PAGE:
If the animal loses the tag, producers can replace the tag. However, they will need to keep records of the tags for verification purposes. Baker also cautioned producers against sharing tags with other producers. “Since these tags are official identification tags, and are recorded as belonging to one producer, it would make it harder to trace in case of a disease if a producer shares tags with someone else. Everyone should only use the tags assigned to them,” he said.

Development of the program

When creating the program, Baker said the state developed four measurements to be used in monitoring Nebraska’s effectiveness implementing the program. The first objective is for Nebraska to identify an animal with a disease, and to notify the state where the diseased animal was officially identified within one business day of discovery. If the animal does not have official identification, then it is a Nebraska animal and disease, unless proven differently by other methods.

Next, is for the state where the reference animal was officially identified to confirm it has documentation that an official ID number was issued within its jurisdiction, and contact information for the person who received that number.

The third objective is to determine the state from which a reference animal was moved interstate into Nebraska, and notify that state of the reference animal’s official ID number. “What we are hoping to determine with this objective is the possibility that the animal came into Nebraska from a state other than the one where its official ID number originated,” Baker said. “Increasing the use of electronic health certificates will make achieving this performance standard easier.”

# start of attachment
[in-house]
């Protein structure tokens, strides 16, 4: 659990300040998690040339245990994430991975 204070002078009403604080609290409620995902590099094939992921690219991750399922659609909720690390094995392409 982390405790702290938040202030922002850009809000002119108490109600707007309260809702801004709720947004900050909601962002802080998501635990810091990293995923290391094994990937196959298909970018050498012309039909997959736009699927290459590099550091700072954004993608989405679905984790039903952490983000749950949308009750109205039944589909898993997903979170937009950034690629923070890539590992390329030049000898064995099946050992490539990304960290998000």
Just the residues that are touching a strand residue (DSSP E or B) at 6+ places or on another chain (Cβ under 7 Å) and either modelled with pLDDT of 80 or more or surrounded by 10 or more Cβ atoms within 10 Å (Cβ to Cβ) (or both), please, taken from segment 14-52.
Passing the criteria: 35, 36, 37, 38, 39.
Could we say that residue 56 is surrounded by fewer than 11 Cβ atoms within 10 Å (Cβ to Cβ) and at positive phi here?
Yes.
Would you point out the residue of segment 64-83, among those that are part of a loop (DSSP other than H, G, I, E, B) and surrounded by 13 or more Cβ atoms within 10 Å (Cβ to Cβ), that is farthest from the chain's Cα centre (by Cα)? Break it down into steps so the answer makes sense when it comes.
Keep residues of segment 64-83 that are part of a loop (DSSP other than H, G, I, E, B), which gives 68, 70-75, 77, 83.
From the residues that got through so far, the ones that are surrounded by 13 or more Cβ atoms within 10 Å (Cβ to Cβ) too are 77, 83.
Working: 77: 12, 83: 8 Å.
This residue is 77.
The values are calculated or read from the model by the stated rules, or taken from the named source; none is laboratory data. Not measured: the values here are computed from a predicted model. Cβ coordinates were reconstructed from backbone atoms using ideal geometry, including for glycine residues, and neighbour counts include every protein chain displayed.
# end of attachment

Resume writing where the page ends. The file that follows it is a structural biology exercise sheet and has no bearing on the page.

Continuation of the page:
The last objective is to validate the movement of the reference animal. This can be accomplished using required health certificate information, including where the inspection by an accredited veterinarian took place, and the location where the animals are moved interstate. “All states currently require a certificate of veterinary inspection, commonly referred to as a health certificate, for the in-shipment from other states of breeder cattle, and 48 states require one for feeder cattle,” Baker said.

Once the new rule is implemented, veterinarians will have five working days to submit a completed health certificate to the state veterinarian’s office. The state animal health official in the state of origin must also forward a copy of the health certificate to the state animal health office in the state of destination within five working days.

Sheep and swine will also be covered under the new program, but Baker said they are already required to have official identification tags through the US scrapie program for sheep, and the Premise Identification Number (PIN) tag for slaughter swine.

Baker said the state will be accepting comments about the program until December 9. The new rule is expected to be published and finalized 12-15 months later. For questions or more information about the NDA’s Locate in 48 program, please call 1-800-572-2437.